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unionist
rabble-rouser
Babbler # 11323

posted 23 June 2008 04:28 PM      Profile for unionist     Send New Private Message      Edit/Delete Post  Reply With Quote 
quote:
Originally posted by Stephen Gordon:
On peut être fonctionnel en français sans être capable de réussir un test écrit.

Effectivement - mais y-a-t'il une indication quelconque que ces deux personnes étaient fonctionnelles en français au niveau conversationnel? Je maintiens des doutes...


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Stephen Gordon
rabble-rouser
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posted 23 June 2008 04:32 PM      Profile for Stephen Gordon        Edit/Delete Post  Reply With Quote 
Est-ce qu'ìl avait des indications qu'elles n'étaient pas fonctionnelles en français conversationnel?
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Fidel
rabble-rouser
Babbler # 5594

posted 23 June 2008 04:37 PM      Profile for Fidel     Send New Private Message      Edit/Delete Post  Reply With Quote 
And Stephanes Harper and Dion will see to it that you're speaking American in no time at all.
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Stephen Gordon
rabble-rouser
Babbler # 4600

posted 23 June 2008 04:41 PM      Profile for Stephen Gordon        Edit/Delete Post  Reply With Quote 
De la part de Stéphane Dion, je dis: Va chier.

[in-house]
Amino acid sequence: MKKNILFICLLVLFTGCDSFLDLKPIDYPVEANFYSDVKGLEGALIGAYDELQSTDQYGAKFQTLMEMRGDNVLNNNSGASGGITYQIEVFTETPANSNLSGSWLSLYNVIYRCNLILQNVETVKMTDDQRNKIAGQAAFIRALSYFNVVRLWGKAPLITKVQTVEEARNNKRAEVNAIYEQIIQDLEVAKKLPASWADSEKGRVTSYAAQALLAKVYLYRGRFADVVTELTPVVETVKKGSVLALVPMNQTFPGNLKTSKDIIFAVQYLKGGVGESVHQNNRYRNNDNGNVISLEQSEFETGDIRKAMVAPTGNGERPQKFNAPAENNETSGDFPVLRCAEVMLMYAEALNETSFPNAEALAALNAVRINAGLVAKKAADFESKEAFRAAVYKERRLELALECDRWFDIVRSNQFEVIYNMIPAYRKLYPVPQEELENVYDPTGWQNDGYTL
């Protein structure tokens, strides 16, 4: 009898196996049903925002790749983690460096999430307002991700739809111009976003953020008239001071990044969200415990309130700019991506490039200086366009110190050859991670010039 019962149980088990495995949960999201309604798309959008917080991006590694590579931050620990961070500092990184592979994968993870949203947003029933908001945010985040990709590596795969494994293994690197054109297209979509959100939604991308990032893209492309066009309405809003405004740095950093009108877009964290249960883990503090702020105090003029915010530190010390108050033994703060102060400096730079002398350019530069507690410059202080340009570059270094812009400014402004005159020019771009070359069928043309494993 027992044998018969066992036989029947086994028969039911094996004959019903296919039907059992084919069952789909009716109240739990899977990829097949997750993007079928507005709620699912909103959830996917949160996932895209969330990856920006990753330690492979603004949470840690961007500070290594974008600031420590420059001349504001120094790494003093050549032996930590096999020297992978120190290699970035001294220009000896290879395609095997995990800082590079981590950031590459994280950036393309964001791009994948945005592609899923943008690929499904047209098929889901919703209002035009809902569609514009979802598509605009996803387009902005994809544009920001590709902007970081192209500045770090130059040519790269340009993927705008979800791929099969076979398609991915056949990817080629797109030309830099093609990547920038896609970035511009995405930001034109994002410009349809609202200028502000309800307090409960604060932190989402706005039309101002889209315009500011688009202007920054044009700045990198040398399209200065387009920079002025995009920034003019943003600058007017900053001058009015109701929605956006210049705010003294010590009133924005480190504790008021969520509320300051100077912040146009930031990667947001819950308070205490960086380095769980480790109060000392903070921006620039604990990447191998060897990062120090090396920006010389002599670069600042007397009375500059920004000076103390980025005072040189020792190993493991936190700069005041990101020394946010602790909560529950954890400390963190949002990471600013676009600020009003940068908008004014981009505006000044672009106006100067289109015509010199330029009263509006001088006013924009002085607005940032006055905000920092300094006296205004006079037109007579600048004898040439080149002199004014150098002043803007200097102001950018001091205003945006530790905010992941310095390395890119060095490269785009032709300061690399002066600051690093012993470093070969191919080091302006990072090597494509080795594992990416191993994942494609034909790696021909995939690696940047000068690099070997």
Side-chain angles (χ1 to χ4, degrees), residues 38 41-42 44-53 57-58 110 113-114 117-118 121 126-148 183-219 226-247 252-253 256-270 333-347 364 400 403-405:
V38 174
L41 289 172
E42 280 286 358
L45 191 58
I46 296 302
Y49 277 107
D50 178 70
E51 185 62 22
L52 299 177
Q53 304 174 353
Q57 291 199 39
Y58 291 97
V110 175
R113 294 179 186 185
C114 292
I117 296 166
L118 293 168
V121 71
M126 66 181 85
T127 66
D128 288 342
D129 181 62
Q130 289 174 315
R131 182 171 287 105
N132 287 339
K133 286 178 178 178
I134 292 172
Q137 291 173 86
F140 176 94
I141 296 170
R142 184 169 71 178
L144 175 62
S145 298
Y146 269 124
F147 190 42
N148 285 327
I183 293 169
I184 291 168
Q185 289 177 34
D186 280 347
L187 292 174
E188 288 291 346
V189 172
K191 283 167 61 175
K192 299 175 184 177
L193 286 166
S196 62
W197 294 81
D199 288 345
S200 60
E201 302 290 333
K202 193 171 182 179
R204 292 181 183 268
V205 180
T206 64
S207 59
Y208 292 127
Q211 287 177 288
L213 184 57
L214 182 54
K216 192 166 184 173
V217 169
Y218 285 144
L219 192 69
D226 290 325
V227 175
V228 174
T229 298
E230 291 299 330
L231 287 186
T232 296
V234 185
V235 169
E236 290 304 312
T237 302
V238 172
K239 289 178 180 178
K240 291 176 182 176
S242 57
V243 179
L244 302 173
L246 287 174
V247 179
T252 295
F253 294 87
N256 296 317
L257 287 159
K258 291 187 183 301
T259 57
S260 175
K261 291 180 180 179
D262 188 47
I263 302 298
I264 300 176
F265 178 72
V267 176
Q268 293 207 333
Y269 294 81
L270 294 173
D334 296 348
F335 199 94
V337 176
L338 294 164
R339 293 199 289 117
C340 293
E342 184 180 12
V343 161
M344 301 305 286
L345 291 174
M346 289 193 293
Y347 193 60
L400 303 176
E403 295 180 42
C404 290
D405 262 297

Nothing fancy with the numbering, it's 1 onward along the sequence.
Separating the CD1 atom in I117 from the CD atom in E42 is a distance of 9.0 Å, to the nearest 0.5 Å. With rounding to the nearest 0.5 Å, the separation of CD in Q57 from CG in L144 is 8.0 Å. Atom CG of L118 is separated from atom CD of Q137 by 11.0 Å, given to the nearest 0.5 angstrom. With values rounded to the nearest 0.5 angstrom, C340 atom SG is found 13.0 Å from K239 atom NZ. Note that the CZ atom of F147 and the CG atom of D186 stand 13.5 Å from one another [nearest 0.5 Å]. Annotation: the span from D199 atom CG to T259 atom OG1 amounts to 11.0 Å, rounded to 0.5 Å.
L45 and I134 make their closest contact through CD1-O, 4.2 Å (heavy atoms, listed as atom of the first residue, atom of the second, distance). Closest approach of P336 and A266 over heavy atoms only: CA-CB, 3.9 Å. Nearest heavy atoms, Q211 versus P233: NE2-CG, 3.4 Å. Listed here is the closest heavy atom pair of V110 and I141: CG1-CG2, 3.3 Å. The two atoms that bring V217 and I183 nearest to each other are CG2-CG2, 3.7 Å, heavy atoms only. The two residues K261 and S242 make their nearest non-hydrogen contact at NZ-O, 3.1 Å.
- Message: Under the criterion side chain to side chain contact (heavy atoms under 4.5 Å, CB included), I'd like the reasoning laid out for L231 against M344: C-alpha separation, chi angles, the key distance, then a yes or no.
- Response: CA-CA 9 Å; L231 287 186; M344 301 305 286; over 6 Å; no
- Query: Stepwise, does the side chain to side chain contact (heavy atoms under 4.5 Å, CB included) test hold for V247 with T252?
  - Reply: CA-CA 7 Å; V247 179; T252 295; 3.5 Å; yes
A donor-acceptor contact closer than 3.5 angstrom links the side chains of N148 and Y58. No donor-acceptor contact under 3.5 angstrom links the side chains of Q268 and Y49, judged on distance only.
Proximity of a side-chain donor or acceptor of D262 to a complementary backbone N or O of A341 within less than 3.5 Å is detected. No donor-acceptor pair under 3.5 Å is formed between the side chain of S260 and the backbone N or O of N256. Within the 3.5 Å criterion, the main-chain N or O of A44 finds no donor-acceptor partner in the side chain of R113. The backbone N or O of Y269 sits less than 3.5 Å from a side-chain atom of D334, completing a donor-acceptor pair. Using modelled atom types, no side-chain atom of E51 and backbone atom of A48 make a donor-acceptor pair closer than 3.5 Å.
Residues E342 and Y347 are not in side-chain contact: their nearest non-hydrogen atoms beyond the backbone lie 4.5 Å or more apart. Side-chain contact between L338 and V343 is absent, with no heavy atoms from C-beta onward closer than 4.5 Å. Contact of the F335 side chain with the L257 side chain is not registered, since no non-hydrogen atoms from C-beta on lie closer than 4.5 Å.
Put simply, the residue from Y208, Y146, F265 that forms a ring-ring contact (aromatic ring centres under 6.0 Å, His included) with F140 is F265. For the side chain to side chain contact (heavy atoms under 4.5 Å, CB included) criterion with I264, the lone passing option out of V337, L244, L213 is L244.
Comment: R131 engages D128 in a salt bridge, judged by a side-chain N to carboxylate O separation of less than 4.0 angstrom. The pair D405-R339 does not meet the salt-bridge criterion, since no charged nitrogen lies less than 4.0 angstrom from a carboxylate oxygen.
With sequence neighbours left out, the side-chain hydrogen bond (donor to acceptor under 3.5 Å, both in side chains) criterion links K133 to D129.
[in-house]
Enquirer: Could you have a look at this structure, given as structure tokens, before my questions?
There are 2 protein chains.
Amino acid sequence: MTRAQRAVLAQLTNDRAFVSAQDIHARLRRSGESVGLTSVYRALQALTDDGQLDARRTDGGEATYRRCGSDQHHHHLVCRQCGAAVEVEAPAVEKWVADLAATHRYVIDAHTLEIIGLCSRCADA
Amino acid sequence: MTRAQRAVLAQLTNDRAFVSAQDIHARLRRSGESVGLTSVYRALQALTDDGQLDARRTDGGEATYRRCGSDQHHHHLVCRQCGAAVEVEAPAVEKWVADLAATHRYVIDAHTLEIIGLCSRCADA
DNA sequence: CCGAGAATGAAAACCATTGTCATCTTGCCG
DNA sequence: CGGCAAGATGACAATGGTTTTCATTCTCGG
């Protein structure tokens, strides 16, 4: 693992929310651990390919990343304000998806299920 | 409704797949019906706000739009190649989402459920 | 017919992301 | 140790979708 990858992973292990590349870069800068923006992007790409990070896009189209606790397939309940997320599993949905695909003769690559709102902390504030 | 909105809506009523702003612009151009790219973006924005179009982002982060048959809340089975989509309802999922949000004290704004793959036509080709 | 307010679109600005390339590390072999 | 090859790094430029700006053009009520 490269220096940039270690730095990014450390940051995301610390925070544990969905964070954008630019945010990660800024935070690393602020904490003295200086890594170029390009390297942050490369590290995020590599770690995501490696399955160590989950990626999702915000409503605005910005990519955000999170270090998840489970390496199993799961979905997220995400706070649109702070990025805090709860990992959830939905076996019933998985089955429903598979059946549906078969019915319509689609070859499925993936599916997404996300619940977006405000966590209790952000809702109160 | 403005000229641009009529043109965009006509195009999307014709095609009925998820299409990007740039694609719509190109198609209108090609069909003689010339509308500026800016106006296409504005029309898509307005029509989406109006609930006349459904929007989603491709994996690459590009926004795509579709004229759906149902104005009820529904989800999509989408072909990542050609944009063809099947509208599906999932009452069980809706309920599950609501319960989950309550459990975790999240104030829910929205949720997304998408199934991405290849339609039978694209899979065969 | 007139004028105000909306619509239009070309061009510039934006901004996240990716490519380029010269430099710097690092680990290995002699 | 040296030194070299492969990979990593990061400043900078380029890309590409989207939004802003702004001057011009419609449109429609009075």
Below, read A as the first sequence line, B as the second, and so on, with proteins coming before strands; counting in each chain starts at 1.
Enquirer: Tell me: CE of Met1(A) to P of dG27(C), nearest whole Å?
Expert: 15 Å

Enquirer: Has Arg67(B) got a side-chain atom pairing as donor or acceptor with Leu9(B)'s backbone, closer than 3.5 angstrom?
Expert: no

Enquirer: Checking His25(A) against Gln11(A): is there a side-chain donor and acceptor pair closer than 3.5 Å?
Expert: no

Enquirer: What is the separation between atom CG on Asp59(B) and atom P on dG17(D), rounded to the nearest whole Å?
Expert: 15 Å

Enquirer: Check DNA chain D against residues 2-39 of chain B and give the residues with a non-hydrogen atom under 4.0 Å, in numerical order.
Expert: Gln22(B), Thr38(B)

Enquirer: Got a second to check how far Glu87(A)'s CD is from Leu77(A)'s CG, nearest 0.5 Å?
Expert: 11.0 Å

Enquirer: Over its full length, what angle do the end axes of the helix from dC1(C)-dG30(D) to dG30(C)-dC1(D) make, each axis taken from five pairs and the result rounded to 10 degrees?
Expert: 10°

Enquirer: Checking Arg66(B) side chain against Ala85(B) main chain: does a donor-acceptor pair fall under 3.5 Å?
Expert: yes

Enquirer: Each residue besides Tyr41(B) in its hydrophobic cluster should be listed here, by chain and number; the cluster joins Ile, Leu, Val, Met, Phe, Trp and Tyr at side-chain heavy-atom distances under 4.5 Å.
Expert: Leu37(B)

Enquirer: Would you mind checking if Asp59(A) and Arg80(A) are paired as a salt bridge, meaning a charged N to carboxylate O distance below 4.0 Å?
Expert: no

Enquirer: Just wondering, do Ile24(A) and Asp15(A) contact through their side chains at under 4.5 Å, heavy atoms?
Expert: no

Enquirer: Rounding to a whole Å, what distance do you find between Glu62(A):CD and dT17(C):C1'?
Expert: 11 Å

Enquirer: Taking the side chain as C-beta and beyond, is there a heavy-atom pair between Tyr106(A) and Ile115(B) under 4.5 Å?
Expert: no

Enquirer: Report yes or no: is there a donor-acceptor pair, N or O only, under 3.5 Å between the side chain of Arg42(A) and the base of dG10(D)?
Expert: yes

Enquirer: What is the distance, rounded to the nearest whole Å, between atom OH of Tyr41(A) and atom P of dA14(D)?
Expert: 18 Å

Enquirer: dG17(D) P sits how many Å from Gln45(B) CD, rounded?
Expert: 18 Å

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Fidel
rabble-rouser
Babbler # 5594

posted 23 June 2008 04:46 PM      Profile for Fidel     Send New Private Message      Edit/Delete Post  Reply With Quote 
Ce qui aide de dion le harpiste fera après?
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Sean in Ottawa
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posted 24 June 2008 01:07 PM      Profile for Sean in Ottawa     Send New Private Message      Edit/Delete Post  Reply With Quote 
I support reasonable restrictions to protect a language.
In this case we seem to lack the ability to measure if these are reasonable.
We know there were multiple opportunities to pass the test. We do not know how practical this test is or what level of proficiency is required to pass. Indeed we do not know even if the test has been tested among francophones -- what score would the average francophone nurse get on it? Is this about the quality of the language or about the ability to communicate? Is there any other measure of their profinciency? I can't say that enough of this information is available for us to know the answers to this.

I can add that I have met nurses in Ontario that could fail an English proficiency test depending on what level it required so I think we are debating without enough information.


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unionist
rabble-rouser
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posted 24 June 2008 01:51 PM      Profile for unionist     Send New Private Message      Edit/Delete Post  Reply With Quote 
quote:
Originally posted by Sean in Ottawa:

I can add that I have met nurses in Ontario that could fail an English proficiency test depending on what level it required so I think we are debating without enough information.

I think we have far far more than enough information that this story is anti-Québec hysteria, of exactly the same quality as the handful of incidents used by Mario Dumont and Journal de Montréal to try to generate anti-Muslim hysteria. No progressive person would ever soil their hands repeating disgusting stories of this nature - especially (as you point out) without any evidence beyond the assumption that Quebeckers are insane frenzied xenophobes.


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Sean in Ottawa
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posted 24 June 2008 06:30 PM      Profile for Sean in Ottawa     Send New Private Message      Edit/Delete Post  Reply With Quote